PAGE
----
Migrants must fill labour gap in mining
From: The Australian
July 21, 2010 12:00AM
A SHORTAGE of 35,800 tradespeople expected in the resources sector by 2015 will probably be almost completely filled by migrant labour.
This is because miners and energy producers have to deal with the effects of not employing as many apprentices as would be expected in an industry its size.
In its final report released late last week, the Gillard government's National Resources Sector Employment Taskforce has recommended an overhaul of temporary migration to make it easier for companies to draw on overseas labour, especially during construction.
Industry sources yesterday said the expected shortage had not started to bite, but that there was already evidence of it emerging in areas such as welders and pipefitters.
The taskforce report said there were few options to deal with the short-term shortage other than migration.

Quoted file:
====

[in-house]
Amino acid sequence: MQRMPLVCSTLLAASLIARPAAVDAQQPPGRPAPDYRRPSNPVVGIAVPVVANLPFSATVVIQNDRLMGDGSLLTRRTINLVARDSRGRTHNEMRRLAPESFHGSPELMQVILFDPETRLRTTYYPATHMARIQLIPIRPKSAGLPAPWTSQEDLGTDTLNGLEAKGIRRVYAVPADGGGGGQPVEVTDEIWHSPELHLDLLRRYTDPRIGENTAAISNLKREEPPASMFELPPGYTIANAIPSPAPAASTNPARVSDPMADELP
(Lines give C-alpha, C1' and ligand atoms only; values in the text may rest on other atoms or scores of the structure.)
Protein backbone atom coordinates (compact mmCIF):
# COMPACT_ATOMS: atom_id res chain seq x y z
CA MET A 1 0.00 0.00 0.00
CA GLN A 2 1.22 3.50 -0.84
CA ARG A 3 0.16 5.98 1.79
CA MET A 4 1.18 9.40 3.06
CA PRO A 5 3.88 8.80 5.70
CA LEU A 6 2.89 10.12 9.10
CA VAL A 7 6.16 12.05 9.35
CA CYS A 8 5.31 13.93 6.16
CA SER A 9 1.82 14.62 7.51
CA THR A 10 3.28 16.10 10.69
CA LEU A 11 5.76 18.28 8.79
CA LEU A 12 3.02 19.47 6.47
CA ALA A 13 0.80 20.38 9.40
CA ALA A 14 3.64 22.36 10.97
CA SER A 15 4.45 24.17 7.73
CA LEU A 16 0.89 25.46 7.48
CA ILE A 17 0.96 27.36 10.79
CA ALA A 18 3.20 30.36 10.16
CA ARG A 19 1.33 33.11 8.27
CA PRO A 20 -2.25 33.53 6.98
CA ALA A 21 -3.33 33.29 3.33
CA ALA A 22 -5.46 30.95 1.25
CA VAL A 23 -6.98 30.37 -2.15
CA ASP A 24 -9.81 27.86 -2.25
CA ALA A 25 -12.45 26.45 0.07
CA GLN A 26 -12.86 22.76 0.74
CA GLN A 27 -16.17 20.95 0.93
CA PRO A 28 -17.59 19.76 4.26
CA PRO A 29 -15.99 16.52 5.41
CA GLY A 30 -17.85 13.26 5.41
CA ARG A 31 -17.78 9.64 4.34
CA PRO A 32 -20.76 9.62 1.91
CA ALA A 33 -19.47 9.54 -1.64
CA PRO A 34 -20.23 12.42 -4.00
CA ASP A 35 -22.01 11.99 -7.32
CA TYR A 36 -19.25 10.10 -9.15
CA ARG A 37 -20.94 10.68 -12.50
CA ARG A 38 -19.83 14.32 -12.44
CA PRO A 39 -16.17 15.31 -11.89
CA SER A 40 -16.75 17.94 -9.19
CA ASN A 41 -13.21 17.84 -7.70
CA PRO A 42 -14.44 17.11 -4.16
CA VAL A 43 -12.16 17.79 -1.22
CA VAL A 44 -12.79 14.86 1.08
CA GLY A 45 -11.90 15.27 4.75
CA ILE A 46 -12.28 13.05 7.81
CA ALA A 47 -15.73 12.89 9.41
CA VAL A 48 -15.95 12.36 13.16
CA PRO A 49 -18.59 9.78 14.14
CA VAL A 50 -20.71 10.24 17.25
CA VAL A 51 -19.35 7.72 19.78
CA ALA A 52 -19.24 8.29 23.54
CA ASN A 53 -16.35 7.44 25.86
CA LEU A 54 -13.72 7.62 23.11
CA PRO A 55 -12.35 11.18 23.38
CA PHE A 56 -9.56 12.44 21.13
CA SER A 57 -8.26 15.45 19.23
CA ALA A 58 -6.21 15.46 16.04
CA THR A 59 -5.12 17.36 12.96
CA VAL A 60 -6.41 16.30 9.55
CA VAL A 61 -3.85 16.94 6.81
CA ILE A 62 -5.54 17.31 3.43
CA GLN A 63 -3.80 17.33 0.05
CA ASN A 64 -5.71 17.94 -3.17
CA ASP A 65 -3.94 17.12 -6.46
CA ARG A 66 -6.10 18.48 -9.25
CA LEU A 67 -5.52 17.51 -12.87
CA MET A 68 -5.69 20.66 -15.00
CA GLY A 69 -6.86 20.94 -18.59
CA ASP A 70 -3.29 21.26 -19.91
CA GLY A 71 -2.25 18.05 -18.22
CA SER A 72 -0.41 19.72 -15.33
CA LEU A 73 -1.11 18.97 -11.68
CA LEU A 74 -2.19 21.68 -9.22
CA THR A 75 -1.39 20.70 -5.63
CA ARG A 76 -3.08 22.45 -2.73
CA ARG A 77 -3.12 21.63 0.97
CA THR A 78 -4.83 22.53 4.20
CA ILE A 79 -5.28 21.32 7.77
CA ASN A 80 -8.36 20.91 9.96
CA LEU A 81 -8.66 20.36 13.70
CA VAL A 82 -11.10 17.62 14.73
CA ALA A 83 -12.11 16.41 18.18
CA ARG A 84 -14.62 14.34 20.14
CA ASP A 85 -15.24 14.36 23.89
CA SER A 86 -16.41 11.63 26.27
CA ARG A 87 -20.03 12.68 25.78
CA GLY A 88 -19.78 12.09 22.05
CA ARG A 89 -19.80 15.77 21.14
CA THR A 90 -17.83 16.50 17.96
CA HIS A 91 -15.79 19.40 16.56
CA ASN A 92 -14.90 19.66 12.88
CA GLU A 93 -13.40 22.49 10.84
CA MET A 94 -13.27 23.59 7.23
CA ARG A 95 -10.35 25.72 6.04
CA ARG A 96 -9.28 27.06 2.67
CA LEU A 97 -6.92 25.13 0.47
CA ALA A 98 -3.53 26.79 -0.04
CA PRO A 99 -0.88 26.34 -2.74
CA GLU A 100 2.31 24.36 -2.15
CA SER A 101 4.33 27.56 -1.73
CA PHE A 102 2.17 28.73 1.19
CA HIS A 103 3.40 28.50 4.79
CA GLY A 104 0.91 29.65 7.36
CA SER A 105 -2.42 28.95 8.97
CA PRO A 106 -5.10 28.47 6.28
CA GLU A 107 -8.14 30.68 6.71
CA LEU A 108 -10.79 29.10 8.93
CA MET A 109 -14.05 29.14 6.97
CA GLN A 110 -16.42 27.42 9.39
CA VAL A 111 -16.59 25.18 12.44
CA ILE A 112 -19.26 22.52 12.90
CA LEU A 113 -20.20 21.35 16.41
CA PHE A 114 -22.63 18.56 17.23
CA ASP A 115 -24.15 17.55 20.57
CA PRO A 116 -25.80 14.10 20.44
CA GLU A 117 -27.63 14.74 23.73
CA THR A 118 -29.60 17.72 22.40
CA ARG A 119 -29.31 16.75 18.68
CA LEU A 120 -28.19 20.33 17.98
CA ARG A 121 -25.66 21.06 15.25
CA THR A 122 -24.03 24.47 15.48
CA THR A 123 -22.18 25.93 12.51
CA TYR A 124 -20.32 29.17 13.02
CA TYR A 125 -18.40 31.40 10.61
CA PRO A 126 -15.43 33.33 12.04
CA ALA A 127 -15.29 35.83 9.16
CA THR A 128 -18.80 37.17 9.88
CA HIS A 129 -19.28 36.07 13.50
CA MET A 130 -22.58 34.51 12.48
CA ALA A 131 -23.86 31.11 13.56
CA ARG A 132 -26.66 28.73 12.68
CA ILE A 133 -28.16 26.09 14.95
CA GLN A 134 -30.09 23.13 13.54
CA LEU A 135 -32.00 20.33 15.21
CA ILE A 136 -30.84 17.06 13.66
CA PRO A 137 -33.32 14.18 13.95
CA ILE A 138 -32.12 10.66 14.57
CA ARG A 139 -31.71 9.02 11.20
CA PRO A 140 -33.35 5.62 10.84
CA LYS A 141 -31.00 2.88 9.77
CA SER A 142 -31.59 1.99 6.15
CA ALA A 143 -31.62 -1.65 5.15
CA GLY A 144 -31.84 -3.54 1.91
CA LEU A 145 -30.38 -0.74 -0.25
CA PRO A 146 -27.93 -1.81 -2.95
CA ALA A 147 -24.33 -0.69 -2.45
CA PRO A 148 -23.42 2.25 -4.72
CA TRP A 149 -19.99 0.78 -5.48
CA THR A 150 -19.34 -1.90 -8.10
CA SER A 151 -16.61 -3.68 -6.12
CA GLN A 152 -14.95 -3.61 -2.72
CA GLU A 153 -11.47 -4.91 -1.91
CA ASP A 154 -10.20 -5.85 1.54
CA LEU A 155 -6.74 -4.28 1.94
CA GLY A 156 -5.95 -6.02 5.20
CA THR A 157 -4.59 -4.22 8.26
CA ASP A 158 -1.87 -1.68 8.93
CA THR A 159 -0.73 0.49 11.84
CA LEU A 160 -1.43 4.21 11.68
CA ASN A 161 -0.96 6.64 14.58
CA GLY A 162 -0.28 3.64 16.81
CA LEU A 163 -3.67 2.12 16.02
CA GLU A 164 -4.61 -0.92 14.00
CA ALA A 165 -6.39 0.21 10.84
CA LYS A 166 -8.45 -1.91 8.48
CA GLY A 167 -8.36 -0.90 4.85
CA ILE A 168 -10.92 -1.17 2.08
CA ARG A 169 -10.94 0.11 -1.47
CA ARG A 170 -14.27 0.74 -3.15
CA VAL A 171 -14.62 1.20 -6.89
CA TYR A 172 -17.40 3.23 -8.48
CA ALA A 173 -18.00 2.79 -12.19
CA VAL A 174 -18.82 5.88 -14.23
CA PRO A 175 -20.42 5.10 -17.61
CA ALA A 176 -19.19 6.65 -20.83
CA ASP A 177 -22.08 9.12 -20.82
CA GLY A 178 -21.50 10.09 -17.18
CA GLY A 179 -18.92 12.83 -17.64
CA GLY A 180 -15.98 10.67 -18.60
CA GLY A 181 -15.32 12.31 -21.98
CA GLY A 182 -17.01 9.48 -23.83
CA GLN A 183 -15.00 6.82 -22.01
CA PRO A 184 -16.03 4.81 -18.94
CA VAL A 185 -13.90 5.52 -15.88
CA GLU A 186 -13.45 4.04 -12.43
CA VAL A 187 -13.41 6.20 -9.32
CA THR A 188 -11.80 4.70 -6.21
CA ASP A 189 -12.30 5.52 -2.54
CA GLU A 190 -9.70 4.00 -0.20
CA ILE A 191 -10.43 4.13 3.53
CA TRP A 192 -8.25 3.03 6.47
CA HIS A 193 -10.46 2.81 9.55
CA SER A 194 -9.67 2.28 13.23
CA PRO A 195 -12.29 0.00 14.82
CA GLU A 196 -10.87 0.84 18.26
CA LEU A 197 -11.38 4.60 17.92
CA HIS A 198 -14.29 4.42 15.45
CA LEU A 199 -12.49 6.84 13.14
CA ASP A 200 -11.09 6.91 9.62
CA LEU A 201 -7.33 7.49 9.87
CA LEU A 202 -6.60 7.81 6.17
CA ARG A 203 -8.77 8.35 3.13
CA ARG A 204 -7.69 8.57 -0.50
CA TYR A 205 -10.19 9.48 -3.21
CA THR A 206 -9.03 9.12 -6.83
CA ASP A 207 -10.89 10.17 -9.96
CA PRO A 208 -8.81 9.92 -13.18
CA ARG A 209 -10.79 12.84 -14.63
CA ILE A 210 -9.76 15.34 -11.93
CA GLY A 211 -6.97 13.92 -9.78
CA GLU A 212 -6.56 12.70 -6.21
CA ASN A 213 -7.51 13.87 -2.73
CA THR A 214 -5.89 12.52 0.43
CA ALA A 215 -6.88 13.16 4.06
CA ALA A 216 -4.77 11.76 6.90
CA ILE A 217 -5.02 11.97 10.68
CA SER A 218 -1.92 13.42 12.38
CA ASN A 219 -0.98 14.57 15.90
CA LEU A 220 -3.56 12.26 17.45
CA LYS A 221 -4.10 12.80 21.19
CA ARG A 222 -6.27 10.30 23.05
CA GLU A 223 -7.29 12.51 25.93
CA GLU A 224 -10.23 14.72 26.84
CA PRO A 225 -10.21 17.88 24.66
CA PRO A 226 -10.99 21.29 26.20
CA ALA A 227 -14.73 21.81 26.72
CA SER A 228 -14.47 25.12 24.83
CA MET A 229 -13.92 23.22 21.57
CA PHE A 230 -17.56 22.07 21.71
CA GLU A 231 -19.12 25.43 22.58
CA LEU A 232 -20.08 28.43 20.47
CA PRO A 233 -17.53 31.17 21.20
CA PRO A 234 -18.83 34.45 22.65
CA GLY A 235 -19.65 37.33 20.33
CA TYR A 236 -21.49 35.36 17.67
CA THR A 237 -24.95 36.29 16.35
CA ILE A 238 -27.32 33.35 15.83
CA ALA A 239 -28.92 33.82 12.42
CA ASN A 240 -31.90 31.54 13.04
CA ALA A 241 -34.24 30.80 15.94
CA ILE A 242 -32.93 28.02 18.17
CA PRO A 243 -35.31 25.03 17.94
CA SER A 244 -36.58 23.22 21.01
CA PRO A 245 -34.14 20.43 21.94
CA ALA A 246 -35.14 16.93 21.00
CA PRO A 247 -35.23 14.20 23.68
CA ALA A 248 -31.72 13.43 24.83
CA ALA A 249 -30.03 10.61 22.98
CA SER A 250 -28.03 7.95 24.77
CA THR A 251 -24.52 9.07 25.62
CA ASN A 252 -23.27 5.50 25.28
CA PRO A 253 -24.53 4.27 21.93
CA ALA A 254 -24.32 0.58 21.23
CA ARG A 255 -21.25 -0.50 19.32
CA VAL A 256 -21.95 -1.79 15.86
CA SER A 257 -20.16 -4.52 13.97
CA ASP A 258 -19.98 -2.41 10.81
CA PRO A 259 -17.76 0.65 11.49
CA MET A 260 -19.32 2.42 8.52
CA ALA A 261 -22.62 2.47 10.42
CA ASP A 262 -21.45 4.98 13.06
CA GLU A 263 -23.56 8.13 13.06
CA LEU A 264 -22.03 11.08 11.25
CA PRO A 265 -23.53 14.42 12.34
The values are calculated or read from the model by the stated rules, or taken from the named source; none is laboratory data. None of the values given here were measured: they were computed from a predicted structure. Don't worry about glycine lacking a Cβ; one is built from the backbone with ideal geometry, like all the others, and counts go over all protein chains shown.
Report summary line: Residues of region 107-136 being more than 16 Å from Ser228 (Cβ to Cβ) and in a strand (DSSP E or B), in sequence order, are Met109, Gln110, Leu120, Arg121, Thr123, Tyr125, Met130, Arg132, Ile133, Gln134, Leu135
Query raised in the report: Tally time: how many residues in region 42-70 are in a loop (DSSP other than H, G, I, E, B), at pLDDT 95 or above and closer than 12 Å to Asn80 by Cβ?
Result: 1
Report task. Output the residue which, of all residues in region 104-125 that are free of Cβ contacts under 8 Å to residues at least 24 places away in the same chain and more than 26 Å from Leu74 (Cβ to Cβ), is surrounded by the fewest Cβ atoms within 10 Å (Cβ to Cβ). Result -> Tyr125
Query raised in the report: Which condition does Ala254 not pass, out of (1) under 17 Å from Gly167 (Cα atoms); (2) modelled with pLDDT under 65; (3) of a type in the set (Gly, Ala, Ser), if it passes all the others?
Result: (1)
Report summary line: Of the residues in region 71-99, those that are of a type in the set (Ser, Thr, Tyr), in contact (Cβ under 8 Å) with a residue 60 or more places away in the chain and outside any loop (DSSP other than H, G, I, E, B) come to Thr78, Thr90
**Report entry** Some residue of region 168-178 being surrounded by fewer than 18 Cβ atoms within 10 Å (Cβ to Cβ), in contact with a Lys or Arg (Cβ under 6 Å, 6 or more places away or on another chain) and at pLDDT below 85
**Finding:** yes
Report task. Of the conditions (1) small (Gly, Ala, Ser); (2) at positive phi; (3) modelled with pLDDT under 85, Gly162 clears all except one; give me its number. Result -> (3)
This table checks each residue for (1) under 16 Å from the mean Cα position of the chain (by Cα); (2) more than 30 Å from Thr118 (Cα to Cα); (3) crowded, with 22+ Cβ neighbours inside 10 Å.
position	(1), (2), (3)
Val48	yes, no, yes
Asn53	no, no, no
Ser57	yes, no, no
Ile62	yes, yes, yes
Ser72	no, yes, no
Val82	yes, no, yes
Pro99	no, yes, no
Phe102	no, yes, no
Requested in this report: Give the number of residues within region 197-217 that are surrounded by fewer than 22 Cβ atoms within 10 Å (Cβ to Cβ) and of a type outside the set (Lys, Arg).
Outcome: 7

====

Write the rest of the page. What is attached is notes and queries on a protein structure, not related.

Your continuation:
“The main short-term options for increasing supply of skills include recruiting from the unemployed and through temporary or permanent migration,” said the report from the taskforce, which is chaired by federal Labor MP Gary Gray.
National Institute of Labour Studies research fellow Sue Richardson, who has done previous skills shortage research for the Australian Minerals Council, said it was fair to assume the vast majority of the trades jobs would be filled by migrants.
“The migrant solution is so easy and from the employer point of view much preferable to going into the complicated kind of participation programs (for unemployed) that require work with government and social welfare agencies and with people who are not, to use their language, job-ready,” Professor Richardson said.
Australia's biggest employers in the sector, BHP Billiton and Rio Tinto, have already warned that skills shortages will return to levels seen in 2007 during the previous boom.
Both employ big workforces in Western Australia, where they will be competing with big liquefied natural gas projects for workers.
BHP chief Marius Kloppers has warned a “massive talent gap” will return to the industry.
Rio chief Tom Albanese recently said even WA did not realise how much of a boom it had coming.
To limit the migrant numbers needed in the longer term, the taskforce said the industry should significantly increase the amount of apprentices it employed.
The industry argues that current apprentice training models do not accommodate the requirements of the resources sector.
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